Algeria's Tempest Grows as Powerful Groups Back Protesters
(Bloomberg) -- Opposition to Algeria’s ruling regime swelled as lawmakers from the OPEC member’s oldest party resigned from parliament and a powerful group of veterans joined demonstrations against ailing President Abdelaziz Bouteflika’s bid for a fifth term.
The escalating opposition against the 82-year-old president has posed the biggest challenge yet to a ruling elite, known as “le pouvoir,” that managed to avoid the turmoil that gripped neighbors during the 2011 Arab Spring uprisings. The backing by veterans of Algeria’s war of independence from France delivered a heavily symbolic blow to the ruling National Liberation Front, which launched the 1954-1962 conflict.
“The MALG veterans share the people’s concern and anger in the face of the contempt expressed by ‘le pouvoir’ in its refusal to meet demands for irrevocable change,” they said. “There is no room left for procrastination.”
Influential legislators from the opposition Front of Socialist Forces said they were resigning from parliament in support of the grassroots demands for change. “The people have made their voice clear throughout the country, demanding a change to the regime that has ruled them since independence,” they said.
Grievances run deep in Algeria after years in which the oil and gas exporter failed to create sufficient jobs and relied on state handouts it can no longer afford to keep the peace. Volatility in crude markets halved the country’s foreign reserves, leaving the government struggling to meet the needs of a majority youth population. Protests erupted on Feb. 22.
On March 3, Bouteflika’s campaign submitted the necessary paperwork to put him on the ballot. On Wednesday, a newspaper in Switzerland where he’s hospitalized reported that his health had deteriorated.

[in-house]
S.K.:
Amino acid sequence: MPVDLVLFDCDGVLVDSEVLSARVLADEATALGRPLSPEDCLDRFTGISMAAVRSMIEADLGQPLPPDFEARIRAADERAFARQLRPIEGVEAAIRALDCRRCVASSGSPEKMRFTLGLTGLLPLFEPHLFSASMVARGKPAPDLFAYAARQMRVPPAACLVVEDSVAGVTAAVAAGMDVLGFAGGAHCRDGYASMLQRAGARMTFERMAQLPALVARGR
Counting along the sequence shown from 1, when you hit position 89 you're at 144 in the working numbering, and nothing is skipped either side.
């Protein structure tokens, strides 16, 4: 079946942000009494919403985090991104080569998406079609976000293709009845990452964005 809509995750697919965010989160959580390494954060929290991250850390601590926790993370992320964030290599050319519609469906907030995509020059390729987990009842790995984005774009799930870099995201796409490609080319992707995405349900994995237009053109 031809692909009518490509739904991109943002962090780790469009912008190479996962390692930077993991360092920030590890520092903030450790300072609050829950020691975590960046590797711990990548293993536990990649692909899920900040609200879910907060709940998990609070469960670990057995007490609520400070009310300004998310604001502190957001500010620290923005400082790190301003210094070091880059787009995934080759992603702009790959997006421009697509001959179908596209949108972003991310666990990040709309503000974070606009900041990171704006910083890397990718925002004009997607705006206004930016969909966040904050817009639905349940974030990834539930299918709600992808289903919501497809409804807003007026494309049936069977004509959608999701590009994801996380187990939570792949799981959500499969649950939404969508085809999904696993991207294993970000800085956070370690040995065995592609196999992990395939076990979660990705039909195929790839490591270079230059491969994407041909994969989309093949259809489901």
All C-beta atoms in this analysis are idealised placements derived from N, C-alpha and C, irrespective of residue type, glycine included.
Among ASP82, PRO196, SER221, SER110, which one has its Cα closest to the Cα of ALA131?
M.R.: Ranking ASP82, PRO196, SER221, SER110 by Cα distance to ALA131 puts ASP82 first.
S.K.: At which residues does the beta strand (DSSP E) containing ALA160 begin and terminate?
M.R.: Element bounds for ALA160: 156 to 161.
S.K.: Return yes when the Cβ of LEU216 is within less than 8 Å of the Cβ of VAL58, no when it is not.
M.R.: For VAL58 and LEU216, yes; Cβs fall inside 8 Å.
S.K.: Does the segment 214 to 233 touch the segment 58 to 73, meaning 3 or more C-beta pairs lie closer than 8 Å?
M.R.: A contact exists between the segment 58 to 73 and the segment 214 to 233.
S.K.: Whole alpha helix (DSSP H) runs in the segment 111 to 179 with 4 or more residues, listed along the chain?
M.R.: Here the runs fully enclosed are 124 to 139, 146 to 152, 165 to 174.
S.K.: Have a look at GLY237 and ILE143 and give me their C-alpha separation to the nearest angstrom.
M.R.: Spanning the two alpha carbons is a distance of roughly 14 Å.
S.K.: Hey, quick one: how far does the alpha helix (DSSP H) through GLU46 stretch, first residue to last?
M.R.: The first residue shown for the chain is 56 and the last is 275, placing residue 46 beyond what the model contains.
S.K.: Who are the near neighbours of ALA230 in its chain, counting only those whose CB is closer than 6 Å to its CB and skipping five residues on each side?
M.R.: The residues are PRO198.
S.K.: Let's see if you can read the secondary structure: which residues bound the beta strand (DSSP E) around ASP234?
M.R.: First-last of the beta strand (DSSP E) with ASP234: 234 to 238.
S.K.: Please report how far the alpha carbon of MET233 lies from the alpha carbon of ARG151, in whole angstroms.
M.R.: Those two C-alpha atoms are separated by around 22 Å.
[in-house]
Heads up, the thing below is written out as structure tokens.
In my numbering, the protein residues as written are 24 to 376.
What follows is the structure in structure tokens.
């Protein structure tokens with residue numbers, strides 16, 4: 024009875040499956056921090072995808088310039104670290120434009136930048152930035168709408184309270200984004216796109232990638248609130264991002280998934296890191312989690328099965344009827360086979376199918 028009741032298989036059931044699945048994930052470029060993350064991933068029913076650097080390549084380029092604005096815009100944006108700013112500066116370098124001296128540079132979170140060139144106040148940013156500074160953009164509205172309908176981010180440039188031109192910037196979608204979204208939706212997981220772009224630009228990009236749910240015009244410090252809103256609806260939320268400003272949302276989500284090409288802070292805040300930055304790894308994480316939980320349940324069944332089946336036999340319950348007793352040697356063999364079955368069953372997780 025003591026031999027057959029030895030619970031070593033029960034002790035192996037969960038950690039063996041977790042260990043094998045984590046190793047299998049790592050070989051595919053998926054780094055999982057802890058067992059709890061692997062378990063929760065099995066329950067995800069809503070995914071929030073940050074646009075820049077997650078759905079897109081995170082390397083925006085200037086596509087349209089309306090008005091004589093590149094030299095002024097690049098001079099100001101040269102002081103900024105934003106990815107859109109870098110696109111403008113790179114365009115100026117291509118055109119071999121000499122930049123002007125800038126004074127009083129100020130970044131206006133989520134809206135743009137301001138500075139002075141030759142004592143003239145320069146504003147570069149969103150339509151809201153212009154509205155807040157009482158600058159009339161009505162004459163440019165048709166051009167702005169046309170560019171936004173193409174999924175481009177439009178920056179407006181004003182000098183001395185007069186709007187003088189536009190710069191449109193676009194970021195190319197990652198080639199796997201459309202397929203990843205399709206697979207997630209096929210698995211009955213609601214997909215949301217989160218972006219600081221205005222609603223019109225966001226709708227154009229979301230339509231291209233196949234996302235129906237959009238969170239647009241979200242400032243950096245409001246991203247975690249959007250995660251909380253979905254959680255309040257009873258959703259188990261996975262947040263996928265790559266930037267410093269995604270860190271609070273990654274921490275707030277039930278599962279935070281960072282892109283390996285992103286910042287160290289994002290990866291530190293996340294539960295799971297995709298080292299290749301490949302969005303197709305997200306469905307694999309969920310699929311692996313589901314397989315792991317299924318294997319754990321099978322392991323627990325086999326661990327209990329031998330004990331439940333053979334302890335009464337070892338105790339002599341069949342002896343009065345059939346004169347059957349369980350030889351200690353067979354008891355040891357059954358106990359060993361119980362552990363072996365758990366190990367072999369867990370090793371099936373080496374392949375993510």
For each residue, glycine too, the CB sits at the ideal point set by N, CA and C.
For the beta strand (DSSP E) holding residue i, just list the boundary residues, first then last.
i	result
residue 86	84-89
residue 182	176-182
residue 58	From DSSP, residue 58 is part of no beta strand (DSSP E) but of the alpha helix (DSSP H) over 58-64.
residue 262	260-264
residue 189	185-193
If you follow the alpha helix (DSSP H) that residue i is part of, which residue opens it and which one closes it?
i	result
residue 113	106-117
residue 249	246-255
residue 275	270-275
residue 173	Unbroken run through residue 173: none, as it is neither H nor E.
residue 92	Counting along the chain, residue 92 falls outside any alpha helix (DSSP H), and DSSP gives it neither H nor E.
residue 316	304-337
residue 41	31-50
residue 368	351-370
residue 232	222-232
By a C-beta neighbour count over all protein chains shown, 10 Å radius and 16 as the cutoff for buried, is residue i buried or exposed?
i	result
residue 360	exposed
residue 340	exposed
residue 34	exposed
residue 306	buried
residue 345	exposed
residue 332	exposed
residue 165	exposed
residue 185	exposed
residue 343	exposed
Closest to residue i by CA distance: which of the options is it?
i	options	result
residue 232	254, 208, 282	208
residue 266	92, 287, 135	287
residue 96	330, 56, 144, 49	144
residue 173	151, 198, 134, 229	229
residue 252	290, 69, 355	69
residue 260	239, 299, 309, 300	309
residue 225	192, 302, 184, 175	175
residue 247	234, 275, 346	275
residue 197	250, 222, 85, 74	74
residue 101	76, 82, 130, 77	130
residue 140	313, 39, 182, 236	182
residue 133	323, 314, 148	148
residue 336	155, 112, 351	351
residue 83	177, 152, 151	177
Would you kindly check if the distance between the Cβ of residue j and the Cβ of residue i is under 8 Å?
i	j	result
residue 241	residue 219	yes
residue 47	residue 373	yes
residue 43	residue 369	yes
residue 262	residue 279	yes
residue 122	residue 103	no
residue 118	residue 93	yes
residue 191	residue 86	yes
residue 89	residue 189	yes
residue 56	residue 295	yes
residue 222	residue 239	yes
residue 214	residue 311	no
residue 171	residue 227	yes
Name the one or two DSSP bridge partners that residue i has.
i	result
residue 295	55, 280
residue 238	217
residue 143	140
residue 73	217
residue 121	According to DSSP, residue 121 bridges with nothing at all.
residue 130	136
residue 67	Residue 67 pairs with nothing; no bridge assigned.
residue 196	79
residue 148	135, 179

Bouteflika is under “permanent and critical threats” to his health, and he’s vulnerable to respiratory infections, the Tribune de Geneve reported, citing unidentified sources.
Bouteflika’s campaign manager, Abdelghani Zalene, said the president was undergoing routine medical tests and his “health condition is not worrying,” ElKhabar newspaper reported on Thursday. He called the protests “an attempt to hijack the demands and hopes of the Algerian people.”
After his nomination papers were filed, Bouteflika vowed to amend the constitution and serve for only a year if he wins the April 18 ballot. The offer did nothing to defuse tensions.
Larger student-led protests are planned for Friday. Six teachers unions announced their support of the protests and called a March 13 strike. Members of the country’s bar association, its medical college and women’s rights advocacy group UNFA have also backed the protesters’ demands.
Bouteflika, largely incapacitated by a 2013 stroke, still commands a measure of support and is widely credited with stabilizing the country after a ruinous civil war in the 1990s. If the protesters were hoping the military would intervene as Egypt’s did in 2011, then they’ve been sorely disappointed.
There’s little indication, however, that the protests will ease.
“If popular and foreign pressure grows, especially with the Friday march, it’s quite possible that the Constitutional Council can decide to invalidate Bouteflika’s candidacy,” said Yamine Boudhane, a political analyst and professor at Setif University.
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